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Gray Davis Recall Movement is on a Roll


Buoyed by the financial backing of Rep. Darrell Issa (R.-Calif.) the drive to get 897,000 signatures to put a question on the California ballot to recall Gov. Gray Davis (D.) now looks like it will succeed.

Longtime California Democratic strategist Bob Mulholland recently told reporters that because Issa “has indicated he’ll put $2 million in . . . he’ll get the signatures.”

Dave Gilliard, who is working with Issa’s “Rescue California” petition campaign, sent a memo to financial backers of the drive indicating that 587,000 signatures had been turned into county registrars of voters as of June 6th. Of those, more than 164,000 had been collected, processed, and submitted by “Rescue California,” which Issa launched last month by contributing $500,000 in seed money. Additional petitions were submitted petitions by RecallGrayDavis.com, and by supporters of House Ways and Means Chairman Bill Thomas (R.-Cal.).

The leader of RecallGrayDavis.com, former Republican Assemblyman Howard Kaloogian, told me his group had raised more than $450,000-almost all of it from small donors. He said that people had downloaded petitions from the group’s website a total of 215,000 times. “This is going to happen, possibly sooner than you think,” Kaloogian said enroute to a nationally-televised debate with Davis ally Mulholland on MSNBC’s “Buchanan and Press.”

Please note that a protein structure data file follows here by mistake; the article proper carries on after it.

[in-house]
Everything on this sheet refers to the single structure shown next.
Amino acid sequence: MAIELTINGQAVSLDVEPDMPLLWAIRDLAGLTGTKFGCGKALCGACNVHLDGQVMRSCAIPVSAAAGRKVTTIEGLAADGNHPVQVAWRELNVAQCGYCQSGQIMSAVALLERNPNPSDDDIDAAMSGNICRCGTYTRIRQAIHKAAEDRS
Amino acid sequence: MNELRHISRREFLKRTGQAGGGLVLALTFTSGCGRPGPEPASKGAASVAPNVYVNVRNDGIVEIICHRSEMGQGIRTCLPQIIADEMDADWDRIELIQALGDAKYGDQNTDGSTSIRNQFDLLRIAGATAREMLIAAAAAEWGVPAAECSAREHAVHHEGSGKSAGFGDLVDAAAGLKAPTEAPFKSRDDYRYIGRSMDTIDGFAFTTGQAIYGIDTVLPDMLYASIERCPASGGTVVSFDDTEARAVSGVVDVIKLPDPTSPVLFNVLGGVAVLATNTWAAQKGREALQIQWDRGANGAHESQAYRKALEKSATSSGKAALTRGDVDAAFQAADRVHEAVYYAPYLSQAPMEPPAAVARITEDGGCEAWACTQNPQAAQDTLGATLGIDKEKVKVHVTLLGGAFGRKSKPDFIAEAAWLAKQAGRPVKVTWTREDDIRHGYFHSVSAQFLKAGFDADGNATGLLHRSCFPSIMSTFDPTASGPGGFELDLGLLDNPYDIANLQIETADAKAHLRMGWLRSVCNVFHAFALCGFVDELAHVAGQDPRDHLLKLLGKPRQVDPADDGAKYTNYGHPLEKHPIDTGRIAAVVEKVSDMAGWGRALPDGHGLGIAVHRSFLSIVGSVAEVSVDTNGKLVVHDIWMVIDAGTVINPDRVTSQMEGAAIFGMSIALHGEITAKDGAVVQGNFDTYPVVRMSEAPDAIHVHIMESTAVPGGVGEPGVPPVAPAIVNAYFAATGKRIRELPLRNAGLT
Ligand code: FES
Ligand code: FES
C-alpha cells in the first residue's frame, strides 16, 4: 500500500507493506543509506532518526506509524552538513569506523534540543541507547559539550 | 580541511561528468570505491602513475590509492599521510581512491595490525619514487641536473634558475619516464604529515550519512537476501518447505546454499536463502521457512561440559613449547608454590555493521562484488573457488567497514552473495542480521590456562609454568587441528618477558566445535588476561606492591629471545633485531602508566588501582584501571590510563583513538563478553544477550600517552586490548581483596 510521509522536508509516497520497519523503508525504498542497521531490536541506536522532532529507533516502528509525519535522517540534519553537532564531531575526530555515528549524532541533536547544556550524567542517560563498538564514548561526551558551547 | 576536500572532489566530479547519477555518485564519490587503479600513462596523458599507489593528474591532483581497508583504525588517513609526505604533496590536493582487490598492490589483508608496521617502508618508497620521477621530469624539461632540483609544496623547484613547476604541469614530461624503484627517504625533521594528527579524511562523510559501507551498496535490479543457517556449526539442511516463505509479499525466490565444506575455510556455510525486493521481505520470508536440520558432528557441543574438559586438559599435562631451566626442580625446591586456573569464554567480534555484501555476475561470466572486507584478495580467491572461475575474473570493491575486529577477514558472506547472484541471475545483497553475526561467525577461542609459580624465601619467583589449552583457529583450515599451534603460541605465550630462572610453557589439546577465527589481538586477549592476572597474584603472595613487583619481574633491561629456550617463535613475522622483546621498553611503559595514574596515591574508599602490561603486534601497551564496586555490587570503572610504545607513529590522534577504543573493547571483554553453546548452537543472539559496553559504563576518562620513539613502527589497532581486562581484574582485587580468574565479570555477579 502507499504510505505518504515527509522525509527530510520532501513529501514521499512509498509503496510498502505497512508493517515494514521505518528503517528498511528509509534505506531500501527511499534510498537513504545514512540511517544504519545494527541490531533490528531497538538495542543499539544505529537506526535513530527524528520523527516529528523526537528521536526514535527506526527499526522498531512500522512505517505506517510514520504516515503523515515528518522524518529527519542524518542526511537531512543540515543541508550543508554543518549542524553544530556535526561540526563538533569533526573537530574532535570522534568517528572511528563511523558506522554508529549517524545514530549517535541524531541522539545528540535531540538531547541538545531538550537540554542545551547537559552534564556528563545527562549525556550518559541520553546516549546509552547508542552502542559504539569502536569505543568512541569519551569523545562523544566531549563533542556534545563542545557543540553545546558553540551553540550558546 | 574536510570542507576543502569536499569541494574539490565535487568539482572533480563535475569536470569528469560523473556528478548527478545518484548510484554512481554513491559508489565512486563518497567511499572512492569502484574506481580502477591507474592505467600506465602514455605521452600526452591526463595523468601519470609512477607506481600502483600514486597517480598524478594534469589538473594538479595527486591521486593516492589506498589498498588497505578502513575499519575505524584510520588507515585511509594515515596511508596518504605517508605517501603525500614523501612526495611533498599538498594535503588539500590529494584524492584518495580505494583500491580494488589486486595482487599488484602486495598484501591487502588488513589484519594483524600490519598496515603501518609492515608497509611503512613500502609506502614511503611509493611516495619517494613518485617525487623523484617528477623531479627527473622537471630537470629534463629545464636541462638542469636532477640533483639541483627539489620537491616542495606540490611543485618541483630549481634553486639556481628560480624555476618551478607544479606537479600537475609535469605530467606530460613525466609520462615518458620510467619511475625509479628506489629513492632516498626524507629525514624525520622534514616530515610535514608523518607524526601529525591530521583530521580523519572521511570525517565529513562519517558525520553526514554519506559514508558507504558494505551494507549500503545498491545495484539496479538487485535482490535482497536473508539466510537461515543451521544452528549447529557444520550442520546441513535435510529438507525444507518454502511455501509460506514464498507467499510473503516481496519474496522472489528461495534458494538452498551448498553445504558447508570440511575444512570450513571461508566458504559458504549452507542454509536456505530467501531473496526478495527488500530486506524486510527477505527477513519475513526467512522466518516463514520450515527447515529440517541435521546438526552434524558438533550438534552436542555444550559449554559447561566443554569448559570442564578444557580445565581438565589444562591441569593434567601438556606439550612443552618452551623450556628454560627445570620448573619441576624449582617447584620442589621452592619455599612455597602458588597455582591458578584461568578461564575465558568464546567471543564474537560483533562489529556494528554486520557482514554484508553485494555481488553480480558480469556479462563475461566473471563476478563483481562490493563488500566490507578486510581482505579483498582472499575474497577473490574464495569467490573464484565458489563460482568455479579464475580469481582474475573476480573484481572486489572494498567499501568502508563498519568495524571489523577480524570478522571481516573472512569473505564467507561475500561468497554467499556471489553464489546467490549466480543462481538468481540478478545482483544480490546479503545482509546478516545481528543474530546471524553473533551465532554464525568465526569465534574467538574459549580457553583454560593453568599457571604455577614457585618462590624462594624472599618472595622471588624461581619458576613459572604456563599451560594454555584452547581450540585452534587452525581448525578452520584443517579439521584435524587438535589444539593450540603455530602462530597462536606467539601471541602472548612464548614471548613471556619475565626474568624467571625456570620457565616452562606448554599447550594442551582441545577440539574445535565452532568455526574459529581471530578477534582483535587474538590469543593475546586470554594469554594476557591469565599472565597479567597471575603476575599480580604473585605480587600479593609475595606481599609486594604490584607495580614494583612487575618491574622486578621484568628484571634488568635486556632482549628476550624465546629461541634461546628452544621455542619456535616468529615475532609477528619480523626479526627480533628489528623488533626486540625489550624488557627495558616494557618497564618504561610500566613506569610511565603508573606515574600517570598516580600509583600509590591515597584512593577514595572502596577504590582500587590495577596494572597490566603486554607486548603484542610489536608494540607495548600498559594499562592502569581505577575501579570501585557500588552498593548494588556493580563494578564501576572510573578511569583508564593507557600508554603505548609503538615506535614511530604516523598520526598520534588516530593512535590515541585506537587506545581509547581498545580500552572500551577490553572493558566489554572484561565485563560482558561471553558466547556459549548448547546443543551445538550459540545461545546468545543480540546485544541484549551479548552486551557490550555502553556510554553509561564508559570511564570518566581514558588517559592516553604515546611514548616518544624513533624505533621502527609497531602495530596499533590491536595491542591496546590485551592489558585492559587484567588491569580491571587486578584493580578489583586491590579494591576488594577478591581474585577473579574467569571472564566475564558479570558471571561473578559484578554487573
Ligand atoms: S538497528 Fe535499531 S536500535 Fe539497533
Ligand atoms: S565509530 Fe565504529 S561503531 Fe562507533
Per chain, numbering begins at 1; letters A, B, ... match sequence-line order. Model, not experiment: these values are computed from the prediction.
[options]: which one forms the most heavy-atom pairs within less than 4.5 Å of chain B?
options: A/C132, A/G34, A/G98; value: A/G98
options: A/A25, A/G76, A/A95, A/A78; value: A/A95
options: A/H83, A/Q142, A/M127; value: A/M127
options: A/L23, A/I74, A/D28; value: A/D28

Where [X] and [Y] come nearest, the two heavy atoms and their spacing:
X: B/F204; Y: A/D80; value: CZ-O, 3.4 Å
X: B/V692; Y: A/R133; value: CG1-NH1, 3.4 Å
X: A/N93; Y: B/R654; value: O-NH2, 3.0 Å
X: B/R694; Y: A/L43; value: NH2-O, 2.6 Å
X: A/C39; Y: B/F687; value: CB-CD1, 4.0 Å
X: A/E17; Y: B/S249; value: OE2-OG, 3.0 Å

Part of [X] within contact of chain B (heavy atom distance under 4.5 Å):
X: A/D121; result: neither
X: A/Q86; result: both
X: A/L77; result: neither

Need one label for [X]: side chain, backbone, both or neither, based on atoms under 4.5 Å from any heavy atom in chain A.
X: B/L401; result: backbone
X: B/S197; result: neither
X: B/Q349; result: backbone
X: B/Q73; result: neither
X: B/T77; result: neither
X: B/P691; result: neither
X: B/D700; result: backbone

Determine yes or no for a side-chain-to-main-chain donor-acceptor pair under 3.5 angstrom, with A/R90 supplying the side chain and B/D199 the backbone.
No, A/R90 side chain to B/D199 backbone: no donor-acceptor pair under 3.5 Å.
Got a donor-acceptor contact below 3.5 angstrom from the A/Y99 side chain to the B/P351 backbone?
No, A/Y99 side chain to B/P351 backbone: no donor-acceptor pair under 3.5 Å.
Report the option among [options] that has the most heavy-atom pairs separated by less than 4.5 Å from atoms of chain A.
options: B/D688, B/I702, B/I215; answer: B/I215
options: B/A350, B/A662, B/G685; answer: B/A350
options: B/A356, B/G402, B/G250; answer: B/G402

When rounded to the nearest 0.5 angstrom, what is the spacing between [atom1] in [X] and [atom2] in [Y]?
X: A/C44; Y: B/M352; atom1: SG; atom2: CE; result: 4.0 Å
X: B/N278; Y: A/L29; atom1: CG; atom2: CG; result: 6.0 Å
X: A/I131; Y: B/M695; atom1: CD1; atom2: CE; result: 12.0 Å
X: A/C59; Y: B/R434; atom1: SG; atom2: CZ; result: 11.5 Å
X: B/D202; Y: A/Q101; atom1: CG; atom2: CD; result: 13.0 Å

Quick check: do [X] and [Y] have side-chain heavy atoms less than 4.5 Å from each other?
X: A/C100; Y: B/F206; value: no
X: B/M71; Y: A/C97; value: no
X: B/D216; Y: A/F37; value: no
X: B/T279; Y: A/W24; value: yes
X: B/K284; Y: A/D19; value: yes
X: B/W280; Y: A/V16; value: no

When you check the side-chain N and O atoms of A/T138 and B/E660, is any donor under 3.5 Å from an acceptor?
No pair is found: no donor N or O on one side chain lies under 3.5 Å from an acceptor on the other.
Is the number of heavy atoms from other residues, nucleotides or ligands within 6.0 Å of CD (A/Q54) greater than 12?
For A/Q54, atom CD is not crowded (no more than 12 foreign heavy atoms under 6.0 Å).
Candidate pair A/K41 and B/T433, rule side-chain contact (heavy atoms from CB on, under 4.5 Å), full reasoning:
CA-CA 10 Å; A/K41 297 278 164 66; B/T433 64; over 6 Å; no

November or March

Recall proponents had initially hoped to complete their drive by the September 2nd deadline issued by the secretary of state’s office and plan for a recall race likely to coincide with statewide primaries next March. (Under state recall rules, once the secretary of state certifies that the required number of signatures has been submitted, the recall question must be put before the voters within 80 days). But given their success, workers in both the Issa and Kaloogian camps now believe they will be through with collection and verification of signatures by July 4th. That may give them a chance to force the issue onto the November ballot, coinciding with historically low-turnout local elections rather than next year’s Democratic presidential primary.

If a majority of voters says “yes” to recalling Davis, then the top vote-getter on a list of replacement candidates would automatically become governor. If the issue is on the November ballot, rather than the March ballot, Republicans will have a better chance of winning. Issa is essentially already running. Other Republicans considering the race are ’02 loser Bill Simon, actor Arnold Schwarzenegger, and State Sen. Tom McClintock. Democratic Sen. Dianne Feinstein has stated her opposition to the recall campaign, by close observers in California believe Democratic leaders in the state will push her to run if it looks like Davis is going to ousted by a Republican.